Independent Living and Coping with Change

Moving away from what you’re used to is a difficult time to go through. You’re suddenly changing up your comfort zone to a whole new one, but while this can seem overwhelming, there are also plenty of benefits and exciting things to look forward to with your new routine.

If you’re someone who is trying to manage a shift to supported independent living or making the switch to NDIS supported housing options, here’s how you can create a smooth transition.

An important note on life-changing experiences

Whether you’re the individual that’s going through this big move, or you’re a friend, loved one or carer, relocating to a new environment is a significant change to go through. No matter how old you are, any shift to a different residence can be a demanding event and is a common cause of
anxiety and stress overall. In fact, there’s even a medical term for it – relocation stress syndrome.

Even if you’ve voluntarily decided to move, this time in your life is a significant change and for the body and mind, it’s only natural to go through the phases of feeling overwhelmed.

The good news is that studies highlighted by HuffPost and the University of Center on Aging indicate that older individuals actually have higher levels of subjective wellbeing and life satisfaction than other age groups. This means ageing Australians have the advantage of being equipped with something called ‘resilient thinking’ and gives the ability to deal with changes much more efficiently.

Beyond older generations and ageing populations, those with disabilities across Australia may also experience similar instances. In one recent study outlined by Counseling.org, those with disabilities are typically found to have several advantageous traits over those without a diagnosed condition. For instance, participants, in this case, were able to demonstrate the ability
to:

a) Learn about, adapt to, and cope with their disability;
b) Manage and adapt to personal functioning;
c) Combat challenges around negative thoughts and feelings as a part of the adaptation process;
d) Deal with societal and attitudinal barriers;
e) Manage feelings associated with loss and disempowerment;
f) Find support around housing and meaningful employment.

With all of this in mind, how can you – or someone you know – use your own force of resilient thinking to cope with moving to independent living?

Involve your support systems wherever possible

There will be lots of decisions to be made during this time – whether it’s assessing independent living options under the NDIS, or figuring out if a whole new suburb is what’s in order. Either way, there will be times you’ll need to sit down and analyse all of the options available, which
means talking to those who can help you (or your loved one) make an informed decision.

This also helps to relieve stress and the pressure of feeling like you may be alone on this journey. There’s always help around the corner, and your close circles of friends and family are those you should lean on during this time. Invite them to your tours or community events and try to get them involved in the process of your move, as much as possible.

Express your feelings

Remember to talk to those around you as much as you can. Tell them how you’re feeling and any emotions you’re going through. If you’re having a particularly difficult time managing your stress, additional support from your GP for your mental health may also be a positive and productive step to take.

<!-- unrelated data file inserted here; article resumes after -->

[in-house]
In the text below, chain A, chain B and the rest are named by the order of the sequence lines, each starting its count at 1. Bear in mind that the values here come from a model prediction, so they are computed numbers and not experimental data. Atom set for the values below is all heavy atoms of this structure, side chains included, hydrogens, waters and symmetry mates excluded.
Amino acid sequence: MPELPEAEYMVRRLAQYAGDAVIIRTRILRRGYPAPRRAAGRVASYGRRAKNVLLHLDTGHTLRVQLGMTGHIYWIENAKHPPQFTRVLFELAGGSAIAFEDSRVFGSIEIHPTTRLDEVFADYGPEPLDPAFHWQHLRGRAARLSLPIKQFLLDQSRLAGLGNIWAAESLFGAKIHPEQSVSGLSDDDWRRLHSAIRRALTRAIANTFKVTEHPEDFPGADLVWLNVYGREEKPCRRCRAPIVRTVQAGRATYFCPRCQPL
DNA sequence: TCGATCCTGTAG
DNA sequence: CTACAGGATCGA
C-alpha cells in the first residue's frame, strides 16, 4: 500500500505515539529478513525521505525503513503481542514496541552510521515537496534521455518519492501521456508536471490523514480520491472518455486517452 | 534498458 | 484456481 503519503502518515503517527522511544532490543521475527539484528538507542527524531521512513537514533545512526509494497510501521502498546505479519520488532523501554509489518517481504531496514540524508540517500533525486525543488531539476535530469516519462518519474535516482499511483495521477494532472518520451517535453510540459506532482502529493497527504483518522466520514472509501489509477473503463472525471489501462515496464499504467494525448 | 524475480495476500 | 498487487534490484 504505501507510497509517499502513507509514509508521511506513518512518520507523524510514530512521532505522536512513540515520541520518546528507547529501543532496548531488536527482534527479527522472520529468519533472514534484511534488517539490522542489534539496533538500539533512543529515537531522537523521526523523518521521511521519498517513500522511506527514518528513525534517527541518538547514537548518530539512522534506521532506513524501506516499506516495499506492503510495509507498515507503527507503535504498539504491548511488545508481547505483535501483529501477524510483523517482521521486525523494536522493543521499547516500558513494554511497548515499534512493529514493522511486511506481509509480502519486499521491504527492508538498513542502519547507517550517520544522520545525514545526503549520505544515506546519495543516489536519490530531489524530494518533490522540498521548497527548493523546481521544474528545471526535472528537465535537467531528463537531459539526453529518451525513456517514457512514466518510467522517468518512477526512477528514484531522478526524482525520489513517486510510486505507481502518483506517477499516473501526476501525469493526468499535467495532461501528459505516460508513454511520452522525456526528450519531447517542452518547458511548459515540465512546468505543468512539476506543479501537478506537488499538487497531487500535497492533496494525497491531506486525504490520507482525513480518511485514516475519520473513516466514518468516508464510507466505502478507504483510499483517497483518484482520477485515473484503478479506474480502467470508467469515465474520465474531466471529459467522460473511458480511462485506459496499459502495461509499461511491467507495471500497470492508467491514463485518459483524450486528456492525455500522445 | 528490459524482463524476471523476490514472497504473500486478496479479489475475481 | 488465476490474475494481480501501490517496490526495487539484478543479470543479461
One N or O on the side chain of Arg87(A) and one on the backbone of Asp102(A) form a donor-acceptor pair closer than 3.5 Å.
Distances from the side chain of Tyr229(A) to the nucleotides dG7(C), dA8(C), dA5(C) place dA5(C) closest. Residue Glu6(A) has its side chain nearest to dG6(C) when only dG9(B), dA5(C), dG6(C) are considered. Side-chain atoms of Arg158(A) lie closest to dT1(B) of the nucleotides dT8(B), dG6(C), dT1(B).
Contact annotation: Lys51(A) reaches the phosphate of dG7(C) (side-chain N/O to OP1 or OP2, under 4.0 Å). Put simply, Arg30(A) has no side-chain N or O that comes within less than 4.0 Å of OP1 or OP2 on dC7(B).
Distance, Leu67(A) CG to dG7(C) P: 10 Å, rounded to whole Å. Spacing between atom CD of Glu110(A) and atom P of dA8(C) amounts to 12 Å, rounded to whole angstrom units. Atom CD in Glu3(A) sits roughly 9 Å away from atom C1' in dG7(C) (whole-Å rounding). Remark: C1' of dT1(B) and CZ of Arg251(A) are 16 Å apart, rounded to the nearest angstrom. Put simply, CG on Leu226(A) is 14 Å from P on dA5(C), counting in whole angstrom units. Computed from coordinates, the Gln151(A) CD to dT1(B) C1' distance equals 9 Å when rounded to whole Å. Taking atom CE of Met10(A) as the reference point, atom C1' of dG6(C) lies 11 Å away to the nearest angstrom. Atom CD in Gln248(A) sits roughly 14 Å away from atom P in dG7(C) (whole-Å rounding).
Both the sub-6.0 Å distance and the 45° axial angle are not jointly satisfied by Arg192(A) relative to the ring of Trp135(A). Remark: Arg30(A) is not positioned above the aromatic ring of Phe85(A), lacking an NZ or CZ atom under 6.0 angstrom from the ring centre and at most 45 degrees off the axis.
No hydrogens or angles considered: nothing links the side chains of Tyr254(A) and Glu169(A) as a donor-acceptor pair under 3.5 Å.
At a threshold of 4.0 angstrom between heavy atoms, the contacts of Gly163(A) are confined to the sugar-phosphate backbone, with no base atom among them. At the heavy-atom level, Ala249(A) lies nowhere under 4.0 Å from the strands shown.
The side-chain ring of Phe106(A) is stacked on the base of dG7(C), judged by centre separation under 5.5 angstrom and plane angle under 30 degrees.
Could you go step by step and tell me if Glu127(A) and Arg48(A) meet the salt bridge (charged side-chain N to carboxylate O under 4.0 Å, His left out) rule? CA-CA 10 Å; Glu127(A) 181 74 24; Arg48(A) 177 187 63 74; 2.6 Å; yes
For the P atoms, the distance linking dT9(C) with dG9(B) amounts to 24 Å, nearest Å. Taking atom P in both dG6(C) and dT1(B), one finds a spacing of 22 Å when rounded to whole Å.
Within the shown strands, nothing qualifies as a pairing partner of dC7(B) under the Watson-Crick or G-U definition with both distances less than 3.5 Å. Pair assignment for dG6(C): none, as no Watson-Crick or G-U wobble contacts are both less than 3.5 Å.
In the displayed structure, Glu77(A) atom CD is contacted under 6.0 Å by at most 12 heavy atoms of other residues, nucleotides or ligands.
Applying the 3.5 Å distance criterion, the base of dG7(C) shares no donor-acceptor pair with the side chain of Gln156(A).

There is also no shame in feeling uncomfortable about the new changes waiting on the horizon for you, so it’s always worth expressing them to get clarity, peace of mind and the support you need to move forward.

Take time to familiarise yourself

If you’re transitioning into an NDIS independent living facility, it’s essential to take the time to look around and get comfortable with your environment. Many of these centres have programs designed to welcome new residents, and allow you to feel more at home. There are also plenty of activities and events incorporated into the plans, giving you the opportunity to create new friendships and feel more connected to the residents around you.

For example, at OnTrack Tasmania, we have several mentor and community-driven programs active at our facilities. This helps our residents build confidence, connect with others in the facility and embrace their new lifestyle. These programs also include beneficial strategies like goal setting, upskilling and other meetings – designed to put residents on a supportive and bright path to the future.

If you are the one making the move or a friend of someone making this move, support them by encouraging them to take part in these activities, so they can observe and explore the opportunities available to them.

Use your coping mechanisms

As humans, we all have different ways of coping with life-changing events. For you, that may mean switching on some calm music or retreating to your room for some peace and quiet. No matter how you choose to destress, make sure you allow yourself enough time to do these little activities, as they can make all the difference towards getting comfortable with your new surroundings. Best of all, these are tactics you’re already familiar with, so it incorporates a sense of something familiar into your new lifestyle.

To find out more about how you can make a move to independent housing options without the stress or fuss, get in touch with OnTrack Tasmania now on (03) 9007 0593.

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